The image at the top is taken from the blog of Sara Riggere, who suffers from Parkinson. Sara tracks her medication and the syptoms of her Parkinson’s desease with her smartphone. Her story is worth reading in any case, and it shows all facettes that make the topic „own data“ so fascinating:
http://www.riggare.se/ and
http://quantifiedself.com


Mood-tracking – a mood diary. People suffering from bipolar disorder try to help themselves by recording their mood and other influences of their lives. By doing so, they are able to counteract, when they approach a depression, and they are able to finetune their medication much better, than it would be possible by the rare visits to their psychiatrist. (Shown here is soundfeelings.com)

Data for research

Self-recorded data for the first time maps people’s actions and condition into an uninterupted image. For research, these data are significantly richer than the snap-shots made by classic clinical research – regarding case numbers as well as by making possible for the first time to include the multivariate influences of all kinds of behavior and environment. Even if only a small fraction of self-trackers is willing to share their data with researchers, it is hardly to imagine the huge value the findings will have for medicine, enabled by this.

Privacy

The difficulty with these data: they are so rich and so personal, that it is always possible to get down on the single individual. Anonymization, e.g. by deleting the user id or the IP adress is not possible. Like fingerprints, the trace we leave in the data can always identify us. This problem cannot be solved by even more privacy regulation. Already today, the mandatory committment to informed consent and to data avoidance impede research with medical data to such extent, it is hardly worthwhile to work with it, at all. The only remedy would be comprehensive legal protection. Every person sharing their data with research has to be sure that no disadvantages will come from their cooperation. Insurance companies and employers must not take advantage from the openness of people. This could be shaped similar to anti-discrimination laws. Today, e.g. insurance companies are not allowed to differenciate their rates by the insurant’s gender.

Algorithm ethics

Another issue lies within the data itself. First, arbitrary, technical differences like hardware defects, compression algorithms, or samling rates make the data hard to match. Second, it is hardly the raw data itself, but rather mathematical abstractions derived from the data, that gets further processed. Fitbit or Jawbone UP don’t store the three-dimensional measurements of the gyroscope, but the steps, calculated from it. However, what would be regarded as a step, and what would be another kind of movement, is an arbitrary decision of the author of the algorithm programmed for this task. Here it is important to open the black boxes of the algorithms. As the EU commission demands Google to open its search algorithms, because they suspect (probably with good reasons) that Google would discriminate against obnoxious content in a clandistine way, we have to demand to see behind the tracking-devices from their makers.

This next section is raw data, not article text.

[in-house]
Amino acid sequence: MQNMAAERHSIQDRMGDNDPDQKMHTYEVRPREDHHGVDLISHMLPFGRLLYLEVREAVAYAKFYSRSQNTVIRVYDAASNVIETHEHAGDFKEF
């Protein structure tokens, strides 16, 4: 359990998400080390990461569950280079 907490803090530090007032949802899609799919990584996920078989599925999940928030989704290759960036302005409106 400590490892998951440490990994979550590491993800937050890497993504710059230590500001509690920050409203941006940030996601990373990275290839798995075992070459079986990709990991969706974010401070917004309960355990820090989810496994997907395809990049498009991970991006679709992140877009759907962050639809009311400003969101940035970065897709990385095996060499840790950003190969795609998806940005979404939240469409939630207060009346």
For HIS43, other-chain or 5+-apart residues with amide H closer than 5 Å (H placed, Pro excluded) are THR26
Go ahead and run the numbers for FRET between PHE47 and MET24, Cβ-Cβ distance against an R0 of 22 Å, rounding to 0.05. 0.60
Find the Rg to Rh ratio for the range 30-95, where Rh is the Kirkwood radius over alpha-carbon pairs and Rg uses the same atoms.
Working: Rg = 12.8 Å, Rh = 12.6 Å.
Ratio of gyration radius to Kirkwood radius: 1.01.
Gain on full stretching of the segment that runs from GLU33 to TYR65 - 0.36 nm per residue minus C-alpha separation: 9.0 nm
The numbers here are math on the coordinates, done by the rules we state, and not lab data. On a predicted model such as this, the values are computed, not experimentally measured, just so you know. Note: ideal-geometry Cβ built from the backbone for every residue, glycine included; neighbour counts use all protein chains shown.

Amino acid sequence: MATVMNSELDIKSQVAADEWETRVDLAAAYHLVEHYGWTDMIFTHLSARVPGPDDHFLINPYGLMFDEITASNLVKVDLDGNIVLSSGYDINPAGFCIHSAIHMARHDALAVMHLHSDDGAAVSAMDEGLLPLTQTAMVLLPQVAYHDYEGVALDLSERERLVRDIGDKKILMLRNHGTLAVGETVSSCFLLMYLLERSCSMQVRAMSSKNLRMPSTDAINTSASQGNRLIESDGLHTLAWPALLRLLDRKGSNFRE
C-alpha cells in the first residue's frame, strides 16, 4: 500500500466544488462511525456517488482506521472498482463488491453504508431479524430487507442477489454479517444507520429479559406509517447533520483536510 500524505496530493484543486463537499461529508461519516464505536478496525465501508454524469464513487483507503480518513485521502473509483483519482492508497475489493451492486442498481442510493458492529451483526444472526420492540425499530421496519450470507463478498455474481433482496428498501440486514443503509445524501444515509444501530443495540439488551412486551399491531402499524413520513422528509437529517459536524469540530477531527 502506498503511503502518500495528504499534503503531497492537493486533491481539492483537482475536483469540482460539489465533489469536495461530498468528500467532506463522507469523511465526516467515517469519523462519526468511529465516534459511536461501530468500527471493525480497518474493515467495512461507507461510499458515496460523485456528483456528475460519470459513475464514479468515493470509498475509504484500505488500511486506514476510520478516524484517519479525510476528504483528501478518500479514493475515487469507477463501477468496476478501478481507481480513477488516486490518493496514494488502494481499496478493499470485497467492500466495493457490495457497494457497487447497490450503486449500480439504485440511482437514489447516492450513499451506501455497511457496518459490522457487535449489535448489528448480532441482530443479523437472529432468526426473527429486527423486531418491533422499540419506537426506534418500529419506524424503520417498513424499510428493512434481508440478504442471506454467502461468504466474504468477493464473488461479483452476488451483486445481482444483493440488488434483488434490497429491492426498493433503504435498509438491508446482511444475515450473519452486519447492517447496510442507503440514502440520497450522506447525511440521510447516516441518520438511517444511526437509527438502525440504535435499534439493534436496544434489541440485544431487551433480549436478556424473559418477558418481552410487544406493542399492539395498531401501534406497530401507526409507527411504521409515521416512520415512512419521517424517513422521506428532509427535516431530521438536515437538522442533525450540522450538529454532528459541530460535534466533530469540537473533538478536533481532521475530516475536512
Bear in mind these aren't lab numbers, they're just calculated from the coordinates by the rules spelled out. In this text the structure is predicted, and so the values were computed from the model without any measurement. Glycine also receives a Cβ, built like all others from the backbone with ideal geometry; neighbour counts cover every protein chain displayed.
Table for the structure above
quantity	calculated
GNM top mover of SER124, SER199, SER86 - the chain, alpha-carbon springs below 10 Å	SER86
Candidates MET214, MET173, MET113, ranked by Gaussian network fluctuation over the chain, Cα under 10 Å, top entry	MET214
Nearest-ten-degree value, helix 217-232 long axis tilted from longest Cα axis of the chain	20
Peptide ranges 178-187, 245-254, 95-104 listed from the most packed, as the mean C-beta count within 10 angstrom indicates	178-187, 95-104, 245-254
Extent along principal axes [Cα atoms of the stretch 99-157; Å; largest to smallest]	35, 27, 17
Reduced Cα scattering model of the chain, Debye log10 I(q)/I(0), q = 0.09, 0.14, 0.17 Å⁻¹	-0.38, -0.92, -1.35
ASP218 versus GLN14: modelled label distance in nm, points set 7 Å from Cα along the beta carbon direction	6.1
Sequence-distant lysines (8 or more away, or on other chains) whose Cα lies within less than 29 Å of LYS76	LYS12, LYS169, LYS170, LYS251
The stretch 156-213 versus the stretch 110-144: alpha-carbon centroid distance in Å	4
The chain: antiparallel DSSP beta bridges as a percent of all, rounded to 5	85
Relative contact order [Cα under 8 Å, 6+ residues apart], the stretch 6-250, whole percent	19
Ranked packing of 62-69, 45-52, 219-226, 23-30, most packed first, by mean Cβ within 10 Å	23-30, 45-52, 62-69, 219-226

Data is generated by the users. The users have to be heared what is made from it.

The social relevance of the explore app guides – The Datarella Interview

Today, we speak with Michael Reuter (KMR), Co-founder of Datarella, about the social relevance of the explore app guides.

Q
At Datarella, you offer different programs your users can participate in. Can you elaborate on the meaning behind these programs?

KMR
With our explore app, we provide a useful free tool for smartphone users to optimize their lives. There is a broad range of specific life situations in which the explore programs provide valuable and sustainable benefits. From lifestyle oriented programs as SMILE!, our guide to learn how to smile in 5 days, to specific health programs as our OsteoGuide which supports users suffering from Osteoporosis – we provide a broad range of programs. The most important aspect for Datarella is to always provide real benefits to our users: it’s not about technology, it’s about the social relevance of technology, its immediate impact on the user.